South Asia News
10-million-dollar bounty on suspected Mumbai mastermind
Apr 3, 2012, 14:58 GMT
New Delhi/Islamabad - Indian Foreign Minister SM Krishna on Tuesday welcomed a US bounty of 10 million dollars for information leading to the conviction of the suspected mastermind of the 2008 terrorist attacks in Mumbai.
Hafiz Mohammad Saeed, founder of the Pakistan-based militant group Lashkar-e-Taiba (LeT), is thought to have been behind the three-day gun-and-bomb attack in India's financial hub in November 2008, which left 166 locals and foreigners dead, including six US citizens.
The US State Department announced the reward Tuesday in Washington along with a 2-million-dollar reward for information on the group's second in command, Hafiz Abdul Rahman Makki.
Krishna said the bounty 'reflects the commitment of India and the US to bring the perpetrators of the Mumbai terrorist attack to justice and continuing efforts of both countries to combat terrorism.'
'(The measure) also sends a strong signal to LeT as also its members and patrons that the international community remains united in combating terrorism,' Krishna added.
Saeed lives in Pakistan, where he is also the head of charitable organization Jamaat-ud-Dawa (JuD). Intelligence agencies claim the charity is a front for the LeT, and the US has blacklisted both organizations.
JuD spokesman Muhammad Yahya Mujahid rejected the US decision.
'America has given this highly objectionable statement because Hafiz Saeed has created furore against the opening of NATO supply lines and drone attacks,' Mujahid said.
'He is not bothered (by the bounty) but the anti-American sentiments in millions of Muslims will surely increase.'
Saeed and other right-wing leaders have held a series of rallies in protest at US drone strike in Pakistan, at the NATO supply lines that cross the country, and at a government decision to normalize trade ties with India.
Islamabad suspended the transit of NATO supplies after a November 26 attack at a border post that killed 24 soldiers, but the parliament is currently debating new guidelines that could allow shipments for Western troops to resume.
US Under-Secretary for Political Affairs Wendy Sherman, on her first tour of India, told Foreign Secretary Ranjan Mathai about the measure on Monday, the Indian Foreign Office said.
The notice was posted on Washington's Rewards for Justice website, saying the US would pay up to 10 million dollars for 'information leading to the arrest and conviction of Hafiz Mohammad Saeed.'
The website described Saeed as 'a former professor of Arabic and engineering, as well as the founding member of Jamaat-ud-Dawa, a radical Deobandi Islamist organization dedicated to installing Islamist rule over parts of India and Pakistan, and its military branch, LeT'.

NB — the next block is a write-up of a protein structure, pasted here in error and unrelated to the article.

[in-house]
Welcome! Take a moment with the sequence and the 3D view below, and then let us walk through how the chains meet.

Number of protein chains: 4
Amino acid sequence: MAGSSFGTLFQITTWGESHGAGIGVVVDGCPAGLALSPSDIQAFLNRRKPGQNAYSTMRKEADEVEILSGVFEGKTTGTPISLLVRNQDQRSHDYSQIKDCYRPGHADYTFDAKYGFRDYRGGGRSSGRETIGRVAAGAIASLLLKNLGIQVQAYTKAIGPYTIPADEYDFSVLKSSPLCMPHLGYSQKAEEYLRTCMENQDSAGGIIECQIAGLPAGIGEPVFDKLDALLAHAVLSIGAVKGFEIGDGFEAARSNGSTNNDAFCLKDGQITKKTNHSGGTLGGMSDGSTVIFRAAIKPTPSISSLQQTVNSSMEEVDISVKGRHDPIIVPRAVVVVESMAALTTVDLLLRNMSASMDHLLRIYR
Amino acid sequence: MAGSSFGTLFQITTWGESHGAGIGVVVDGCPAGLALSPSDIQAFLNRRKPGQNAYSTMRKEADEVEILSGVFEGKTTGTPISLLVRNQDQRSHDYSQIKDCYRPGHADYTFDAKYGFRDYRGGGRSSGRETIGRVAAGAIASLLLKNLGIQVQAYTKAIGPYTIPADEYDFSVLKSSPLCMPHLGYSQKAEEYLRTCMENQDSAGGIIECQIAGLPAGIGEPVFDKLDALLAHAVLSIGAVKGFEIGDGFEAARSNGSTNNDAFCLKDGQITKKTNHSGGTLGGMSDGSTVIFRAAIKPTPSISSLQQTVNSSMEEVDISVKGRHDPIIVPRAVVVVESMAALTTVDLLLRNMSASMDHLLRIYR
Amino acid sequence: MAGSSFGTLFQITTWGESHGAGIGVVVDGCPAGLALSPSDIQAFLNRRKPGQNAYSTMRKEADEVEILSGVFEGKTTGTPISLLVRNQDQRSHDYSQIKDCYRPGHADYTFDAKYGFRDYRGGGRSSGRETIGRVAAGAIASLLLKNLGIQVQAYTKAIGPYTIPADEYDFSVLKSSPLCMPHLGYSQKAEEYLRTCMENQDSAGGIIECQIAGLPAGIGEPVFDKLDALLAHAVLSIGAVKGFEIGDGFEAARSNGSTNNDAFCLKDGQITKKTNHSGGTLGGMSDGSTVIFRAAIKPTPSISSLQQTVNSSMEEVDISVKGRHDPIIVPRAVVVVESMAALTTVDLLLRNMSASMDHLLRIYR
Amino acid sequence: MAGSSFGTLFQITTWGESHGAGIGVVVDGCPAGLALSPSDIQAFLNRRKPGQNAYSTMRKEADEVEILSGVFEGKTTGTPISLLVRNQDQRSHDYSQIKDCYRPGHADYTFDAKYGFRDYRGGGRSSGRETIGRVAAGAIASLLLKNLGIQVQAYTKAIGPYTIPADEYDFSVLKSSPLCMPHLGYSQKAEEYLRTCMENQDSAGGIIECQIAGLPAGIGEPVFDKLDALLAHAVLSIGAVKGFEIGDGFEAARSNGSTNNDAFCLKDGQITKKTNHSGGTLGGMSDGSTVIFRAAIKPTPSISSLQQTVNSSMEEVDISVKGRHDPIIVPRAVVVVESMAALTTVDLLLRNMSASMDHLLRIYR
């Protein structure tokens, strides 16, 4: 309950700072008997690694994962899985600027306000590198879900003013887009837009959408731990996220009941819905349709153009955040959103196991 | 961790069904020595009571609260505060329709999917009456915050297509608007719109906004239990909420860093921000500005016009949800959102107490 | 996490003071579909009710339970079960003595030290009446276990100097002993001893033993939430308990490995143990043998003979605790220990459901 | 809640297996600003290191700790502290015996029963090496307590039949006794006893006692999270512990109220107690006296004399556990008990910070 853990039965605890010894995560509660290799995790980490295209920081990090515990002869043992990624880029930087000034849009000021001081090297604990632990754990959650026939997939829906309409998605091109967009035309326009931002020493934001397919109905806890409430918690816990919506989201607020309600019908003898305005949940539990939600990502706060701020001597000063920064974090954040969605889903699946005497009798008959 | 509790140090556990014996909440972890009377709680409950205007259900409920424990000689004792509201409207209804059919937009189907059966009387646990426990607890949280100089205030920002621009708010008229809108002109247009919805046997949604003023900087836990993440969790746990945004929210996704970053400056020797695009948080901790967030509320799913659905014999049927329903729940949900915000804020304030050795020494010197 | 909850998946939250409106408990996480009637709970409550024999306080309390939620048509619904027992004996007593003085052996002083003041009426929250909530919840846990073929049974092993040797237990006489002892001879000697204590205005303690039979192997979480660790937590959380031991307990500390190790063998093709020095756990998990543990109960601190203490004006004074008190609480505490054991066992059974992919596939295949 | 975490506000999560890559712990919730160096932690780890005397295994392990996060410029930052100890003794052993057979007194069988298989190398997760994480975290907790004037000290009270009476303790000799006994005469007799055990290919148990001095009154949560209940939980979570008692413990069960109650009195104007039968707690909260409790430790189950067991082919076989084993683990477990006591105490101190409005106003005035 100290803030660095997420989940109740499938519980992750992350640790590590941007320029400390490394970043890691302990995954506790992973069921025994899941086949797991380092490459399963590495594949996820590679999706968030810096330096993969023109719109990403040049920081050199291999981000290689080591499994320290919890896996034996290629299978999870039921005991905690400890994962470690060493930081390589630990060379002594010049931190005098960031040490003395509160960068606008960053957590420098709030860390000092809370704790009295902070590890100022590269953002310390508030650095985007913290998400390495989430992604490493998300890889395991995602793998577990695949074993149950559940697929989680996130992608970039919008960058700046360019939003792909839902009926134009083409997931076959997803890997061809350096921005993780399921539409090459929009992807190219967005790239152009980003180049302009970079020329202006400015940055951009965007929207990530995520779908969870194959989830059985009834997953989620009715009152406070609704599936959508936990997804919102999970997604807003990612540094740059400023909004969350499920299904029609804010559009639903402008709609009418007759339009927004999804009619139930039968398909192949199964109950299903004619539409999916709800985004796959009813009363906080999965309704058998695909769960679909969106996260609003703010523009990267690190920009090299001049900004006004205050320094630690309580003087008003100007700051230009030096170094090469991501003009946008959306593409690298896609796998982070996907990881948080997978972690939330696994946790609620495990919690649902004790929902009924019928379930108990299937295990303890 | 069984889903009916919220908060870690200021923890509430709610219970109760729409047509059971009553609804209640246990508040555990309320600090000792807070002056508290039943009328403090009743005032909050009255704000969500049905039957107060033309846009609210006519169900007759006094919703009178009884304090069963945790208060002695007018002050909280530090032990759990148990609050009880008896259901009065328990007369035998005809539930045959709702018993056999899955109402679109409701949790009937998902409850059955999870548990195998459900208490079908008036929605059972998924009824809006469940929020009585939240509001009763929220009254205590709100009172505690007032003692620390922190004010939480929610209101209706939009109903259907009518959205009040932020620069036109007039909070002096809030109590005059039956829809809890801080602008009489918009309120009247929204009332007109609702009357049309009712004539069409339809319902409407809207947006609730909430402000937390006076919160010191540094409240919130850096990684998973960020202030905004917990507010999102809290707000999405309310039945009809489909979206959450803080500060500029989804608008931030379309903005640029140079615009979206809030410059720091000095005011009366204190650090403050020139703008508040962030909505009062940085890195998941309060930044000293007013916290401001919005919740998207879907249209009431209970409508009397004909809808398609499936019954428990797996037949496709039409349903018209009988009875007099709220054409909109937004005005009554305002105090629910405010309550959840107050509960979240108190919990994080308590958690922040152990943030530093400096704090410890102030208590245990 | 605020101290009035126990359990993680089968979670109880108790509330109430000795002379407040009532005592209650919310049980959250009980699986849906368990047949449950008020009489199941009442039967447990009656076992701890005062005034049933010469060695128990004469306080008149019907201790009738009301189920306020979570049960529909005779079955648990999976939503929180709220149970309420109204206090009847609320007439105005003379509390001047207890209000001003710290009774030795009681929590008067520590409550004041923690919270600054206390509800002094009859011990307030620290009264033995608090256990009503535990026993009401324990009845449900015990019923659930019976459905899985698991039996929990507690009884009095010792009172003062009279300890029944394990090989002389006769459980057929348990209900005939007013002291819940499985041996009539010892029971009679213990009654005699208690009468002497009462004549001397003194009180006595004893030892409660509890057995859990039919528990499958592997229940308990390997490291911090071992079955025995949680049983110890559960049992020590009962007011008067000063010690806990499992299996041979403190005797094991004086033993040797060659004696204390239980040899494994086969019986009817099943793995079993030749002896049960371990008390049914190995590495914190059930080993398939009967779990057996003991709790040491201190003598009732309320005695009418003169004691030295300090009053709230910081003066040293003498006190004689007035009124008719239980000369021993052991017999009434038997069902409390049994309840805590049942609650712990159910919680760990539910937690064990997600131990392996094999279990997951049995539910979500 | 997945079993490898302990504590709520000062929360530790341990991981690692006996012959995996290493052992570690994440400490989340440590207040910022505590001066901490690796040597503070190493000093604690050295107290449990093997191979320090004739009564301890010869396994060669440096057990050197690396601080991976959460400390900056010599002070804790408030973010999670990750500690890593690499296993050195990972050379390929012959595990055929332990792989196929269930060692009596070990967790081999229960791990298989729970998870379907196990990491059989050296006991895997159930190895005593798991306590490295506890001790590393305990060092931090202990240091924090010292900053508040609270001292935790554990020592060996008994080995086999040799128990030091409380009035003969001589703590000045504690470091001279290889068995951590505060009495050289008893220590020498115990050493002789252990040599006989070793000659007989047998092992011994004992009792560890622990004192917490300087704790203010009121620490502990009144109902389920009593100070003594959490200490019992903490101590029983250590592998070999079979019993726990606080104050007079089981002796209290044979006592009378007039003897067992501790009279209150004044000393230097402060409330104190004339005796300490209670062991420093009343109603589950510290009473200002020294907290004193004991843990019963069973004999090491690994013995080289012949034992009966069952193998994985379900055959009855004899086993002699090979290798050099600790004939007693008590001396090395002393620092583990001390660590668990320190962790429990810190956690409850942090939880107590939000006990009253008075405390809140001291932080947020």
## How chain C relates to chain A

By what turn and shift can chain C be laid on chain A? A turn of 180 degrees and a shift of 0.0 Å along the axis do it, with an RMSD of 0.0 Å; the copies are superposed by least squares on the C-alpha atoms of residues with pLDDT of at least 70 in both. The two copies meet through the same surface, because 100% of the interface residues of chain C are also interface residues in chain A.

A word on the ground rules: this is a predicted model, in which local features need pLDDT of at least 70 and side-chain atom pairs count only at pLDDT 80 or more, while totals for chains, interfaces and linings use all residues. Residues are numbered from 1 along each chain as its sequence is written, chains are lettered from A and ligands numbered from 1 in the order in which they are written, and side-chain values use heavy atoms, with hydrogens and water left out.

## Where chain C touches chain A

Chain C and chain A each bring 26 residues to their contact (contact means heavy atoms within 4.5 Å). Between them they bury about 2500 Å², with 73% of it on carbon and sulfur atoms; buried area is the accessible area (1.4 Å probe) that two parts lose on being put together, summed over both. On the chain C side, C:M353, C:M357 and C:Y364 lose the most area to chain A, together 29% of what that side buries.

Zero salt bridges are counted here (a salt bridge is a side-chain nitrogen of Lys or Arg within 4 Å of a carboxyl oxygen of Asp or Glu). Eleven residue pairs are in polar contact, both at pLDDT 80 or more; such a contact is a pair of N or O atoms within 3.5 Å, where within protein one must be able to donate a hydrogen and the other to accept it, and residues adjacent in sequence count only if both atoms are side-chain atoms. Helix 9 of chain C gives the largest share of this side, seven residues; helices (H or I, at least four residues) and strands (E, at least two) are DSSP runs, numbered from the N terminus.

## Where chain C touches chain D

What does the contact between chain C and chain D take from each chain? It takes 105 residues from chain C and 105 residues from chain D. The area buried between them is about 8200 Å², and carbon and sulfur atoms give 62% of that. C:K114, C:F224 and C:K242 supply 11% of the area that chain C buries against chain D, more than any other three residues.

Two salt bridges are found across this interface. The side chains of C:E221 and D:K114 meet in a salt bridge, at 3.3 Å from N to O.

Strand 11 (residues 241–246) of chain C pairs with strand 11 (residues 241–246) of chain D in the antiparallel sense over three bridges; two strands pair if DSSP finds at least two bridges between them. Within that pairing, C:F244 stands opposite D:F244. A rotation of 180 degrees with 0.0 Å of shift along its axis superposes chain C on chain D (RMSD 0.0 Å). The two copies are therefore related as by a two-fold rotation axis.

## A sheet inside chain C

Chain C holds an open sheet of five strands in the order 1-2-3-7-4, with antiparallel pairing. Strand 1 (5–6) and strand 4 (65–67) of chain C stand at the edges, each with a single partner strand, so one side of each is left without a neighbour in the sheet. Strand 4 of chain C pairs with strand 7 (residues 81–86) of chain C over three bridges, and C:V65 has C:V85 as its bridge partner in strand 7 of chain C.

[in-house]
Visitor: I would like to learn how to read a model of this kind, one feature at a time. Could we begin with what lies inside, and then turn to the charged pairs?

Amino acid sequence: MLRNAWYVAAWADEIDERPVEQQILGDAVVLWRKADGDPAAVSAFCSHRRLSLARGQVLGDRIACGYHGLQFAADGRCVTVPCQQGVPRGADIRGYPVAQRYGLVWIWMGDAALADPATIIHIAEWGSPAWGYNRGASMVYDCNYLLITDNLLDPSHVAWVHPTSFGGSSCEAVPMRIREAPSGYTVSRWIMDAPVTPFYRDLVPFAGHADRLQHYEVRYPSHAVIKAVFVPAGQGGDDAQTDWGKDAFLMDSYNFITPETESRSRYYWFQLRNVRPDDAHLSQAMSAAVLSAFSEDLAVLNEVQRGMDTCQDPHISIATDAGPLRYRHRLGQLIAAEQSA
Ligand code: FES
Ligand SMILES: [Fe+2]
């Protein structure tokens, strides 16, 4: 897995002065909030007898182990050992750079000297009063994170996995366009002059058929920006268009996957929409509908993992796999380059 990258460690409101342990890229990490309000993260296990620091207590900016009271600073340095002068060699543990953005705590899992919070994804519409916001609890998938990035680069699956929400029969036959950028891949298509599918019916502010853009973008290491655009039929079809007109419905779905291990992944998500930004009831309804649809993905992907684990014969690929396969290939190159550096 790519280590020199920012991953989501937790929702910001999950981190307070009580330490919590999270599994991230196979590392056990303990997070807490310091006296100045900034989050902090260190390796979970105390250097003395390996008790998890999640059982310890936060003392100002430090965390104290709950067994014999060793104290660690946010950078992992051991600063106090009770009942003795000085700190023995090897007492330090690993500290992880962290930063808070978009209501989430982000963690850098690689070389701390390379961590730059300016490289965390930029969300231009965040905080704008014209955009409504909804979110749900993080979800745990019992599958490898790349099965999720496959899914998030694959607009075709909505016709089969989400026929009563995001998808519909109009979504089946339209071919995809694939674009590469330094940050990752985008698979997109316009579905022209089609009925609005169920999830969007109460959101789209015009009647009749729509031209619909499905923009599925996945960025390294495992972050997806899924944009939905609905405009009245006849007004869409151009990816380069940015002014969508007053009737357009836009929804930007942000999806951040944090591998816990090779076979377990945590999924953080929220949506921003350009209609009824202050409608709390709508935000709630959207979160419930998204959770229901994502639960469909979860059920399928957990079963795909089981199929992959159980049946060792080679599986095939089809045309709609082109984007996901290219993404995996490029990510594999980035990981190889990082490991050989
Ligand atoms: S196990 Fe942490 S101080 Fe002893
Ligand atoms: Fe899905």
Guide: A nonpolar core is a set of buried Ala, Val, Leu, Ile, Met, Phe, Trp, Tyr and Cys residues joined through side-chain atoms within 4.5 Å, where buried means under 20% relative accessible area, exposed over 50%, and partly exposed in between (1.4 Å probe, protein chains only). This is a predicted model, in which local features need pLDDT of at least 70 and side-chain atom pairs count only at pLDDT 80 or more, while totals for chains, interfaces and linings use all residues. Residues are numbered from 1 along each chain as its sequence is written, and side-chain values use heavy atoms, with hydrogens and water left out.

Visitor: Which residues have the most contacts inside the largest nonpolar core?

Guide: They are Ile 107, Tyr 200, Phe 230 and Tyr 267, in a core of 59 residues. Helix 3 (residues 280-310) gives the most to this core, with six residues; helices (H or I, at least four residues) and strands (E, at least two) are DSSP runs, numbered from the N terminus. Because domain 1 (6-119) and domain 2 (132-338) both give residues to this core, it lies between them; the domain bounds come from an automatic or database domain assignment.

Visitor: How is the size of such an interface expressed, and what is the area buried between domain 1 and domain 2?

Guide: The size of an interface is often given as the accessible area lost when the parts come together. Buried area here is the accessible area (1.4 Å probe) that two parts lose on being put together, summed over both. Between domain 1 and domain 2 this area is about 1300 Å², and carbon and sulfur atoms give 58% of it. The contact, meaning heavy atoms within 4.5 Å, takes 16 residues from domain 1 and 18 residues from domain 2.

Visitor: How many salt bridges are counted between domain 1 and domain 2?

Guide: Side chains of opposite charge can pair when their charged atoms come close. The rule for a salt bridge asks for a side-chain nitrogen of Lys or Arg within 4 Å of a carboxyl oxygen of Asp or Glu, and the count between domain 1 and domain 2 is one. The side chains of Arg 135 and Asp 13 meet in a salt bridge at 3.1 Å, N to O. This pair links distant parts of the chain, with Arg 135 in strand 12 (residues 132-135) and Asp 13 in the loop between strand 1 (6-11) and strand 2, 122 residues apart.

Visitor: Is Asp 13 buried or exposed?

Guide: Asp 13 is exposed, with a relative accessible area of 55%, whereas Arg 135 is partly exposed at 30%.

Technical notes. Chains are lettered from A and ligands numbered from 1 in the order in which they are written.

Saeed now has the same price on his head as Taliban founder Mullah Omar.
Saeed, who is on a list of most-wanted people that India has given to Pakistan, was arrested by Pakistani authorities after the Mumbai attacks but released later because of insufficient evidence.
India has been pressing Islamabad for action against Saeed, but he continues to operate freely in Pakistan, often participating in anti-India and anti-US rallies. Pakistan has repeatedly said it would take action only if New Delhi provides 'substantive' evidence against him.
The Mumbai attacks derailed the peace process between rivals India and Pakistan for nearly three years. The two sides resumed talks early last year.
The sole surviving gunman of the attacks, Ajmal Kasab, has been sentenced to death on several charges. The Supreme Court is currently hearing his appeal.
A diplomatic cable from 2009 released by Wikileaks in 2010 cited US Secretary of State Hillary Clinton as saying that Saeed along with Zaki-ur-Rehman Lakhvi, LeT's operations commander, 'continued to run' the group 'despite being detained for their role' in the Mumbai attacks.
Saeed is believed to be a powerful figure in Pakistan, with alleged close links to the army and its Inter-Services Intelligence organization.
Indian officials said they hoped the move would increase overt pressure on Islamabad to move against Saeed. But Pakistani analysts say it is unlikely to do anything more than embarrass Islamabad at a time when ties with Washington have hit an all-time low.
'Islamabad's stance is that there is no evidence (against Saeed),' security analyst Ayesha Siddiqa told broadcaster NDTV. In the absence of fresh evidence, 'I don't think that this announcement is going to make a lot of difference,' she said. 'The status quo will remain.'
'It will be seen as a part of the growing hostile US-Pakistan relations,' she said.
The US encouraged anyone with information to contact a US embassy, consulate or military facility or provide information via the Rewards for Justice website.
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